Dublin Diocesan Archives: Woodlock papers, Cullen papers, Murray papers, McCabe papers; UCD Archives: Catholic University of Ireland records; Irish College, Rome: Kirby papers, Cullen papers, Kelly papers; Ardagh and Clonmacnoise diocesan archives: Woodlock papers, Hoare papers; Maurice Kennedy Research Centre, UCD: James McCarthy, elevation of proposed Catholic University of Ireland building, Drumcondra, 1862; All Hallows College, Drumcondra, Dublin: presentation to Bartholomew Woodlock from the Catholic University of Ireland, June 1879; James Meenan (ed.), Centenary history of the Literary and Historical Society 1855–1955 (1955); William J. Rigney, ‘Bartholomew Woodlock and the Catholic University of Ireland’ (Ph.D. thesis, NUI (UCD), 1995); Donal McCartney, UCD. A national idea (1999)
Fr Francis Woodlock SJ was born in Monkstown, County Dublin and was schooled at Beaumont. He entered the English Province in 1889 and served as a chaplain in the British Army during the First World War.
- 01 February 1880-06 January 1949
Born: 01 February 1880, Bray, County Wicklow
Entered: 06 March 1899, Roehampton London - Angliae province (ANG)
Professed: 02 February 1917
Died: 06 January 1949, Heythrop, Oxfordshire, England - Angliae province (ANG)
by 1912 came to Milltown (HIB) studying 1911-1915
by 1916 came to Tullabeg (HIB) making Tertianship
- IE IJA J/848
- 03 October 1924-28 May 2014
Born: 03 October 1924, Armagh, County Armagh
Entered: 07 September 1942, St Mary's, Emo, County Laois
Ordained: 31 July 1956
Professed: 05 November 1977
Died: 28 May 2014, Cherryfield Lodge, Dublin
Part of the Milltown Park, Dublin community at the time of death.
by 1973 at New York NY, USA (NEB) studying
- 04 January 1673-29 October 1748
Alias de Lupis
Born 04 January 1673, Ireland
Entered 27 August 1691Bologna, Italy - Venetae Province (VEM)
Ordained c 1701, Mantua, Italy
Professed 02 February 1709
Died 29 October 1748, Bologna, Italy
1724 Went to Rome 24/03/1724
◆ Fr Francis Finegan SJ :
1693-1700 After First Vows he was sent for studies in Rheotoric and Philosophy to Parma, and then to Mantua for Theology, and Ordained c 1701. After Ordination he was not sent to teaching due to frail health,mainly his eyesight, but became known as a prudent Spiritual Director in Bologna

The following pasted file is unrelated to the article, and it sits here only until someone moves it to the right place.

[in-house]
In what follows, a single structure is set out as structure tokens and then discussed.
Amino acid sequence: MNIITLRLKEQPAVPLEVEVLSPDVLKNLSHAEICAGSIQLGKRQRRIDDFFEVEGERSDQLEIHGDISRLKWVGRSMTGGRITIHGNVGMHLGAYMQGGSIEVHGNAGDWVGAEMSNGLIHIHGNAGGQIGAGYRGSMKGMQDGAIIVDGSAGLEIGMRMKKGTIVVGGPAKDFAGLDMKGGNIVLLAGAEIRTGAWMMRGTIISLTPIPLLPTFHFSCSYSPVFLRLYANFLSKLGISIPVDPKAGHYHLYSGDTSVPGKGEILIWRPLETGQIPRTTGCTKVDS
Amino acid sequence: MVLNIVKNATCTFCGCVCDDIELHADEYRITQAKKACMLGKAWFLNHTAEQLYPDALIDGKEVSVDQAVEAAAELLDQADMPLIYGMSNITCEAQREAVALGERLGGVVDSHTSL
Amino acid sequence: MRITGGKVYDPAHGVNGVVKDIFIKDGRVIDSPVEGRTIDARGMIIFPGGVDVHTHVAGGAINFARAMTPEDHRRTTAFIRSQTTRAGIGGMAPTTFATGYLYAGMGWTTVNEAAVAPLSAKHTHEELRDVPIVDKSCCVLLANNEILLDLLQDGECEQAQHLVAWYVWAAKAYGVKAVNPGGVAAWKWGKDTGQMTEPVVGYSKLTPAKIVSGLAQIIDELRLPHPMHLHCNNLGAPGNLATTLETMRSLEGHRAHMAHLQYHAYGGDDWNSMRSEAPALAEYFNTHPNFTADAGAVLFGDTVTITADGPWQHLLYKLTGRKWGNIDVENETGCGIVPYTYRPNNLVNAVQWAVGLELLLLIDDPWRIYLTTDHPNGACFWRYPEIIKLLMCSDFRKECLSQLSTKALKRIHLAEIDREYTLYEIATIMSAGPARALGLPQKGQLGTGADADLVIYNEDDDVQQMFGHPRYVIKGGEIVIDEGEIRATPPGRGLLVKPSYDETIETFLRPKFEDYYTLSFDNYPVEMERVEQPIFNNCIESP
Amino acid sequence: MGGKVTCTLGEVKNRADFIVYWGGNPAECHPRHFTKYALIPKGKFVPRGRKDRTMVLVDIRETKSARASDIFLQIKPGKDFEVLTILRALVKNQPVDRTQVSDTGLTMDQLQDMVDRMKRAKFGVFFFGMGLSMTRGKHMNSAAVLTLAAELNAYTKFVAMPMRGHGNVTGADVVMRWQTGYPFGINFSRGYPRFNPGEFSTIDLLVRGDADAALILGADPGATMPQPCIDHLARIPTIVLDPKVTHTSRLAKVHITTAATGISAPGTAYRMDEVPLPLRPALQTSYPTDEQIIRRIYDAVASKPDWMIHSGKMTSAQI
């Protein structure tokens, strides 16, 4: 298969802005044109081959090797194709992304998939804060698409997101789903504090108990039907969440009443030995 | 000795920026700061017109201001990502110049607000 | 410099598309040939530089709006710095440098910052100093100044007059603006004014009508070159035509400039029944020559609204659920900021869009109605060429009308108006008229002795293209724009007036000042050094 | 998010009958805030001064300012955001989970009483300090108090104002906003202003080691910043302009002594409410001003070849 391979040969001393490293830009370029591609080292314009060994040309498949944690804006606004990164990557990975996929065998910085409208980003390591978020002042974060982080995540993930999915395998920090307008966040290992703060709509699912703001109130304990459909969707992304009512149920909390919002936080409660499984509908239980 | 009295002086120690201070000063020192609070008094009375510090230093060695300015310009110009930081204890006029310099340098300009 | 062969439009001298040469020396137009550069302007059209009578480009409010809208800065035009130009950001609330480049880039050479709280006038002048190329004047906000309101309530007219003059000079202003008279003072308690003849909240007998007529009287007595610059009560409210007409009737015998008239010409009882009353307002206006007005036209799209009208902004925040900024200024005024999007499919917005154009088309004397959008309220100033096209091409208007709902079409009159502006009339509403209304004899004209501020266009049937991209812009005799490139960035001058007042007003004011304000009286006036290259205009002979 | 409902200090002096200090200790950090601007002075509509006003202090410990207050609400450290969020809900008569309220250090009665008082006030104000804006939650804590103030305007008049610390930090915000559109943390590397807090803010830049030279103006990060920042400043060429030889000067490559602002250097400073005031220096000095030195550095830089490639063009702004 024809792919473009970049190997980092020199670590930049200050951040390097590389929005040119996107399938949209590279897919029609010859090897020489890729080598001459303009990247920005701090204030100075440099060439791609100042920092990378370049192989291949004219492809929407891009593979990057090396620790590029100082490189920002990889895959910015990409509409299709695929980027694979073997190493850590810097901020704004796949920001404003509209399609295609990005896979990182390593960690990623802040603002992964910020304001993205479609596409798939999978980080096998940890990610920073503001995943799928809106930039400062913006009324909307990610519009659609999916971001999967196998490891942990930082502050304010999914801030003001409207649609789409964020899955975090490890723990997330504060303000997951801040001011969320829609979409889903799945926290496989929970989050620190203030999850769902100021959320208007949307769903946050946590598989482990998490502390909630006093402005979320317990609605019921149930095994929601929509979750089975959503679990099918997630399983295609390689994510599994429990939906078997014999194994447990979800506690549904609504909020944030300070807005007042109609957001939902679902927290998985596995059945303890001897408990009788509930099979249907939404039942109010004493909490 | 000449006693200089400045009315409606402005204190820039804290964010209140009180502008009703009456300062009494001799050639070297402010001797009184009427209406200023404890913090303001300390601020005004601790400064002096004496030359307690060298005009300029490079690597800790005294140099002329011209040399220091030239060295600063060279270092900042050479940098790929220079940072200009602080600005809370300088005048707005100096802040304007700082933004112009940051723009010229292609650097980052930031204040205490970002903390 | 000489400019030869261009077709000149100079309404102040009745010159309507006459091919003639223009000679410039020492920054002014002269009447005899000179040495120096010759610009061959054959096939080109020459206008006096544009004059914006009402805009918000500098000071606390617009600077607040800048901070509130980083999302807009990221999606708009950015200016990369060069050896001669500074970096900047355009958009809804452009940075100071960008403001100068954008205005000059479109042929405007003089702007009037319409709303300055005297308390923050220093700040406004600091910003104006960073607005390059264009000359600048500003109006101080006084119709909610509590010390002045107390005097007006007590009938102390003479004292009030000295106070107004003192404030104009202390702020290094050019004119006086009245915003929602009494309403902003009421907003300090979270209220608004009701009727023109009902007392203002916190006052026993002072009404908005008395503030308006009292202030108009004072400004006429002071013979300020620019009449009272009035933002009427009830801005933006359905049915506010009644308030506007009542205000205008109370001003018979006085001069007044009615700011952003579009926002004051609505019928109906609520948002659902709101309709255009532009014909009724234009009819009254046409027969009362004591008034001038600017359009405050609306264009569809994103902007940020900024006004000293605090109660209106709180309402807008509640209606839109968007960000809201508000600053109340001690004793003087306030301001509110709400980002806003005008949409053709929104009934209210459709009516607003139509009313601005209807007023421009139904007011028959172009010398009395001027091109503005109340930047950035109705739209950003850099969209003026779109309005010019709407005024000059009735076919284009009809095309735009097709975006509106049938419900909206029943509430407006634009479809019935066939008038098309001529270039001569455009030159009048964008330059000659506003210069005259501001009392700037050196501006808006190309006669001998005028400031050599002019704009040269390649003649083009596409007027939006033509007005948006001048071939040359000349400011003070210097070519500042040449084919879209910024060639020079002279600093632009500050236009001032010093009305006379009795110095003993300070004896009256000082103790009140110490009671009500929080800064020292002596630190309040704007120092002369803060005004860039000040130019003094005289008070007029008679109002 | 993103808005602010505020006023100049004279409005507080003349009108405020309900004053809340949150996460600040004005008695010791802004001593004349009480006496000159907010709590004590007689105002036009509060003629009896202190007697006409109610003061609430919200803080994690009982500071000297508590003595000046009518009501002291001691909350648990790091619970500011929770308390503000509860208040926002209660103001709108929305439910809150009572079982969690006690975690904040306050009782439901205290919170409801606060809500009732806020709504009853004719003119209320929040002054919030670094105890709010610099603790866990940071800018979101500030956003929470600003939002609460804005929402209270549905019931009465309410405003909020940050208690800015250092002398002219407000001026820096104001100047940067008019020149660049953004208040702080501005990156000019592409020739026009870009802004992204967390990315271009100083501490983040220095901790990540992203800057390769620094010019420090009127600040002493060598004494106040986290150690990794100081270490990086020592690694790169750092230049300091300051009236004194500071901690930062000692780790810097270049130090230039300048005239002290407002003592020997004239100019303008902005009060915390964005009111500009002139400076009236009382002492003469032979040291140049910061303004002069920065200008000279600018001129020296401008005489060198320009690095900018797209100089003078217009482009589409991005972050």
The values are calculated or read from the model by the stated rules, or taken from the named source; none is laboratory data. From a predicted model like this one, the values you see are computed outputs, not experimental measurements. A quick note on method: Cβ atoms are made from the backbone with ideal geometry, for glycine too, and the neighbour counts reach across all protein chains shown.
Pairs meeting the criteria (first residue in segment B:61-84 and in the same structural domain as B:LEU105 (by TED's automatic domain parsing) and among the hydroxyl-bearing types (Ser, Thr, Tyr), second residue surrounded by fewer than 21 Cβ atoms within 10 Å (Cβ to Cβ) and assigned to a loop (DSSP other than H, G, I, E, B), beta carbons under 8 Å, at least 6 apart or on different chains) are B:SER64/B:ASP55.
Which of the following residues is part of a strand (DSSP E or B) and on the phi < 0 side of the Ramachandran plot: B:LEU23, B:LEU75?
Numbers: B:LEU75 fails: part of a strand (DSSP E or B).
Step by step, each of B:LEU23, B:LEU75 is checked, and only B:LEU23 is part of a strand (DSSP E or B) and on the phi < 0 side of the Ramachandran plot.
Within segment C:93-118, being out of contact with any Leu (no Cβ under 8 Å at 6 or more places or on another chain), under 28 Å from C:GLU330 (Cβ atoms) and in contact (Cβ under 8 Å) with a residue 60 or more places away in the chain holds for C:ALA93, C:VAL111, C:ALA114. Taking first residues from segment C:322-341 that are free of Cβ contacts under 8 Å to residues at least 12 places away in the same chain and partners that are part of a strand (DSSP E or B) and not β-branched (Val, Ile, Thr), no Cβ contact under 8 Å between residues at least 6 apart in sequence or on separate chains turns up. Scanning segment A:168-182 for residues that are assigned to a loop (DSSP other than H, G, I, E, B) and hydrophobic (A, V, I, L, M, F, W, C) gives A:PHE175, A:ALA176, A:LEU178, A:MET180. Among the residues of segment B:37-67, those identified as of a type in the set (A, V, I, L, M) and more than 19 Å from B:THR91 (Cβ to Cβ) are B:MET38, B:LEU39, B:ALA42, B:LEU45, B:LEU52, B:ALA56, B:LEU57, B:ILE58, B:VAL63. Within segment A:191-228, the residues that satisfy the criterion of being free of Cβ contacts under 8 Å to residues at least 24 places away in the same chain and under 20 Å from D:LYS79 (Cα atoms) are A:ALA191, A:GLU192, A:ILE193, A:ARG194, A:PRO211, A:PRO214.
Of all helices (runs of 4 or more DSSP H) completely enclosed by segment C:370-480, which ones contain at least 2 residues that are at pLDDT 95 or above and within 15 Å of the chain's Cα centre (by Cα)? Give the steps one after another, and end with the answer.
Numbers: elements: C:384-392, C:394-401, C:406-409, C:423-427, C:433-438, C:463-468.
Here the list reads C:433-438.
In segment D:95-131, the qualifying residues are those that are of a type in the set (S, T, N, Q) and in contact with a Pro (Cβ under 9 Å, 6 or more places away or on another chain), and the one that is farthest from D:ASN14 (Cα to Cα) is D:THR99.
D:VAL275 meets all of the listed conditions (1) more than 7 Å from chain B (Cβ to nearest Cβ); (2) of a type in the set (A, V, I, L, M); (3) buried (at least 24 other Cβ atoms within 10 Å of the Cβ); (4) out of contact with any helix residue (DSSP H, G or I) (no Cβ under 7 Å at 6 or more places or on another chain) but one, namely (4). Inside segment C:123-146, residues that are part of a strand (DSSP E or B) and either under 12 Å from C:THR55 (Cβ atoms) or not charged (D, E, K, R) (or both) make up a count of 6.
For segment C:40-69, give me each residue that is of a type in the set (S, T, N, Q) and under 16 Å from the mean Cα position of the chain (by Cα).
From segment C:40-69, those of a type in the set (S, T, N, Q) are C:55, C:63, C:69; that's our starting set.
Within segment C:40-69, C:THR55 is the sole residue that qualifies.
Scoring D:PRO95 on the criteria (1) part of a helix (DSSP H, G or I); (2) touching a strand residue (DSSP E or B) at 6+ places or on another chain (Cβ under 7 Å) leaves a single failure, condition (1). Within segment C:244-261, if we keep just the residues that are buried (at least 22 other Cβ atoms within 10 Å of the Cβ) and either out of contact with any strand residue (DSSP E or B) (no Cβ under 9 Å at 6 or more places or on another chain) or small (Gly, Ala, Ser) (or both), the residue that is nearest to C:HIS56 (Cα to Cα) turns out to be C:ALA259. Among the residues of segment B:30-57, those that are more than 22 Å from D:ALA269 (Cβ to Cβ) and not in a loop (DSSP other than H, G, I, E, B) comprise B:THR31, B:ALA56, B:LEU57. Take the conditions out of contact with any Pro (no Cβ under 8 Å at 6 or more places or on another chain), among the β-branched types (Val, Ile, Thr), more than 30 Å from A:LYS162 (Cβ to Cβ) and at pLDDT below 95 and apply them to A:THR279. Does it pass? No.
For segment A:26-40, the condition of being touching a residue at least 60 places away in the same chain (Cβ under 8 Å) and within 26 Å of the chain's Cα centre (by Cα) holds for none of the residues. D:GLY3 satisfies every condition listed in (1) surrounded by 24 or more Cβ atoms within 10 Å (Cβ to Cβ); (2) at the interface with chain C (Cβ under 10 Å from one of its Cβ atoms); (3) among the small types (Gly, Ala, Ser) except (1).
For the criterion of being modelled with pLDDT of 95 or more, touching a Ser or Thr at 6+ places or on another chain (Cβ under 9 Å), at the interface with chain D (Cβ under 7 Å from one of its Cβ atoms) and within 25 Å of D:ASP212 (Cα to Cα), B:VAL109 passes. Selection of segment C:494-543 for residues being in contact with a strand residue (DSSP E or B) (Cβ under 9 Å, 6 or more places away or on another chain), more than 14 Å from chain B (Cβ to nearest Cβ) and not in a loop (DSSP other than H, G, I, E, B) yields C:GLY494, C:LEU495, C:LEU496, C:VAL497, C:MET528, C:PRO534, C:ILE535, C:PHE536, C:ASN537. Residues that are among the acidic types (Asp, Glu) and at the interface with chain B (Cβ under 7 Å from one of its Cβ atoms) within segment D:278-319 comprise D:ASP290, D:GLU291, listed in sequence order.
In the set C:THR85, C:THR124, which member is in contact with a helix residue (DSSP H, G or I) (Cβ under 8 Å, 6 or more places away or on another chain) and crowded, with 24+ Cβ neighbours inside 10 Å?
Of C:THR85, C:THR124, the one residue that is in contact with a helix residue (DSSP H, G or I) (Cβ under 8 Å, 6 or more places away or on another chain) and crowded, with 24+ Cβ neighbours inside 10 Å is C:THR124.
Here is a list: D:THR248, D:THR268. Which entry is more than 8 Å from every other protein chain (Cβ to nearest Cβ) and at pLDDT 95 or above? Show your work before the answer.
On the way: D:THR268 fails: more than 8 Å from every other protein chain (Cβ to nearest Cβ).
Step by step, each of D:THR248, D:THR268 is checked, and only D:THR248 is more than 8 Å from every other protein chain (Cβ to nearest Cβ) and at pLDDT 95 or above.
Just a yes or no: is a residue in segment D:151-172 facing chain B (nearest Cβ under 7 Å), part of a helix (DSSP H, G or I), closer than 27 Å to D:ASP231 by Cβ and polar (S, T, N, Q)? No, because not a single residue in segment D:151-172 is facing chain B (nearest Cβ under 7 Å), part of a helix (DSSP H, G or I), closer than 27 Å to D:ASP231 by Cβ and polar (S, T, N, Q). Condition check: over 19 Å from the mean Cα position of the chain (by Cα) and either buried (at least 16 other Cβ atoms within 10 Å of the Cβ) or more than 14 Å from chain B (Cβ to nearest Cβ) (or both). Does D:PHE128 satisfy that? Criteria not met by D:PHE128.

1701-1714 Sent as Minister to Ravenna, Brescia and the Noviciate at Novellara.
1714-1724 He was sent as Operarius at the Church in Bologna.
1724-1731 Sent to Scots College Rome as Prefect of Studies
1731-1732 Sent to Spain for health reasons and became Spiritual Director at the Irish College Salamanca. Rector at Irish College Salamanca where he was able to restore some peace in the College after the deposition of John Harrison, not least because he was seen as something of an outsider. he remained in this job for about eighteen months,
1732 He returned to Bologna and ministered in that city until his death while visitng one of the Churches 29/10/1748. His was considered to be an excellent Spiritual Director.
- IE IJA J/705
- 09 August 1865-05 September 1934
Born: 09 August 1865, Rosenallis, Co Laois
Entered: 03 November 1883, Milltown Park, Dublin/Loyola House, Dromore, County Down
Professed: 15 August 1902
Died: 05 September 1934, St Vincent’s Hospital
Part of the St Francis Xavier's, Upper Gardiner Street, Dublin community at the time of death
Early education at St Stanislaus College SJ, Tullabeg
Chaplain in the First World War.
by 1894 at Leuven Belgium (BELG) studying
by 1901 at Sartirana, Merate, Como, Italy (VEN) making Tertianship
by 1917 Military Chaplain : 8th Royal Munster Fusiliers, France
by 1918 Military Chaplain : 7th Leinster Regiment, BEF France
by 1919 Military Chaplain : Chaplain to the Forces, Schveningen, Netherlands
◆ HIB Menologies SJ :
Note from Nicholas Walsh Entry :
He died in the end room of Bannon’s corridor, and the Provincial William Delaney and Minister Joseph Wrafter were with him at the end.”
◆ Jesuits in Ireland : https://www.jesuit.ie/blog/damien-burke/a-sparrow-to-fall/
A sparrow to fall
A BBC Northern Ireland documentary, Voices 16 – Somme (BBC 1 NI on Wednesday 29th June,